By December 2012 it is clear that the claimant had worn herself out and having consulted her GP the claimant went out for four or five weeks as a result of ‘stress’. The employer was notified of the fact that she was out on stress but the nature of the stress was only identified and made known to the respondent on the 17th of January 2013 at a meeting that the claimant looked for with her line manager and the managing director and co-director which took place in advance of the claimant’s return to work.
There can be no doubt that it was made known to the respondent that the claimant was unhappy with her workload and that she was nervous and stressed. The claimant had had a flare up of her eczema. A number of potential solutions were discussed and it is clear that the claimant was told that that she should not feel pressurised and that nobody expected her to do more than she could. The claimant was asked again if she could work fulltime and the Tribunal accepts that this would be the best solution from the respondent’s point of view as the claimant was fully trained up and conversant in all aspects of accounts. The claimant was not happy with that solution and suggested instead that as this really was a fulltime position she would happily train a new recruit and would take redundancy thereafter. The meeting closed with the managing director stating he would consider this option.
A further conversation on the 22nd of January 2013 was held between the claimant and her managers. At this time it was made known to the claimant that they did not want to make her redundant and were prepared instead to engage an assistant to work alongside her on a fulltime basis.
The claimant was advised that the financial controller, with whom the claimant had an excellent relationship, was going to recruit a new accounts person and the claimant understood that an advertisement was placed in Fás and that a number of CVs were sent in in response to this.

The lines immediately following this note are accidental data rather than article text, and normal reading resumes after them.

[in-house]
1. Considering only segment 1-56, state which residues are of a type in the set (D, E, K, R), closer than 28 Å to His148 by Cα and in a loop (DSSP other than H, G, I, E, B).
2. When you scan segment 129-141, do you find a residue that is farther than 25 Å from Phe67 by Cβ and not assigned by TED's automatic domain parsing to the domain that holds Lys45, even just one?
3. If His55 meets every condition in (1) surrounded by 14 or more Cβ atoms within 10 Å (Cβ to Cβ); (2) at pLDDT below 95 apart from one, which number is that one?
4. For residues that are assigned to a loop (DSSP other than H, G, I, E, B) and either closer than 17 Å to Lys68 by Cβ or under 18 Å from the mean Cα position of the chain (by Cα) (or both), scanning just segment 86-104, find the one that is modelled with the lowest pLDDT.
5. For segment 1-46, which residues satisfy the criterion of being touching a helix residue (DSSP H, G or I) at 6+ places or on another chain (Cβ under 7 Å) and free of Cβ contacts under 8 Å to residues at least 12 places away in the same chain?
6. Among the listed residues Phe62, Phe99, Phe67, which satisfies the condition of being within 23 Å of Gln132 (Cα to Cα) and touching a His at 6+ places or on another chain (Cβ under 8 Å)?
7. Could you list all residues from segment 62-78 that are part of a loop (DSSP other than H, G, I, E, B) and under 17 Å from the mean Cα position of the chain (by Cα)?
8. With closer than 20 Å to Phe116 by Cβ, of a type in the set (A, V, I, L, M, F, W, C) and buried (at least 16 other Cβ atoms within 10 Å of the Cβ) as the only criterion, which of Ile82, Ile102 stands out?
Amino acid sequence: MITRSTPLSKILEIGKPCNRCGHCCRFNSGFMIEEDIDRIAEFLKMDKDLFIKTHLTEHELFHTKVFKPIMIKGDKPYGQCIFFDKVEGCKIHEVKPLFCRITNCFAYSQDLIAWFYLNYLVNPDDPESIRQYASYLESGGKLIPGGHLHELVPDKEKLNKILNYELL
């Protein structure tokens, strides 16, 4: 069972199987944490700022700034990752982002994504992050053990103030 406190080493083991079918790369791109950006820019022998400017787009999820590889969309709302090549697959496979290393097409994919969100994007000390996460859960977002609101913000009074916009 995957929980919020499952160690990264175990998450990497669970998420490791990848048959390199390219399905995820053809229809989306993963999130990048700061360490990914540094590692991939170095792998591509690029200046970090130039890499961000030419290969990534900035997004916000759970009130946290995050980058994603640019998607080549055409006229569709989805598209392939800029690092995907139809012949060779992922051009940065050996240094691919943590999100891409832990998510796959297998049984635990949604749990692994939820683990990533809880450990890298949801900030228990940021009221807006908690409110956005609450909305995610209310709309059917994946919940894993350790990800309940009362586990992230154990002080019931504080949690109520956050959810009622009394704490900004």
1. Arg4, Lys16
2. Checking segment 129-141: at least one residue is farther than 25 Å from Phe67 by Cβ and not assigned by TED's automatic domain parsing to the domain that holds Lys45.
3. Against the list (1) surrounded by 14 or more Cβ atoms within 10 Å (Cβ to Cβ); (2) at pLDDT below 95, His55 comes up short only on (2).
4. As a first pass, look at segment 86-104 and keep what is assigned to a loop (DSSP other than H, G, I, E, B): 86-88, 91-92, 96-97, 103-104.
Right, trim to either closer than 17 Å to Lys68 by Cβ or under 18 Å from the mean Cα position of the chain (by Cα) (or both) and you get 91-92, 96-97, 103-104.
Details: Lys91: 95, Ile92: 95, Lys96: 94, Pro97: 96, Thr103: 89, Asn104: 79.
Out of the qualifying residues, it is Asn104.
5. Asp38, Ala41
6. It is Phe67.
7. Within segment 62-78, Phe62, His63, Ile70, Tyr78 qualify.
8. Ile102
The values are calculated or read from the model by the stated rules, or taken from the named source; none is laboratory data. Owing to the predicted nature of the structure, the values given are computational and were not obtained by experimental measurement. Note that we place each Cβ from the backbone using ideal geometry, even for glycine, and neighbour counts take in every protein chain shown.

Six weeks later on the 7th March 2013 the claimant handed in her notice. In evidence the claimant said she did not feel her employer was making real progress with sourcing assistance and that the pressure and stress she was under was not diminishing and she had no alternative.
On considering all the facts as they were presented to the Tribunal in the course of the evidence the Tribunal cannot make a finding that the claimant’s position within the workplace was such that she had no alternative than to tender her resignation. The Tribunal finds that a recruitment process had been entered into and that this was a perfectly reasonable response to the claimant’s disclosure that the level of pressure she was putting herself under was damaging her wellbeing. Of significance is the fact that the respondent only knew of the diagnosed stress in January 2013 and that prior to this would not then have known the claimant was under pressure and there was nothing to suggest she was not coping. As soon as they knew there was a possibility that she was not coping they agreed to get her assistance and it is noted that this assistance did in fact arrive two or three days before the claimant departed the workplace.
In conclusion, the Tribunal must find that the claimant was not unfairly dismissed on grounds of constructive dismissal.
Sealed with the Seal of the
Employment Appeals Tribunal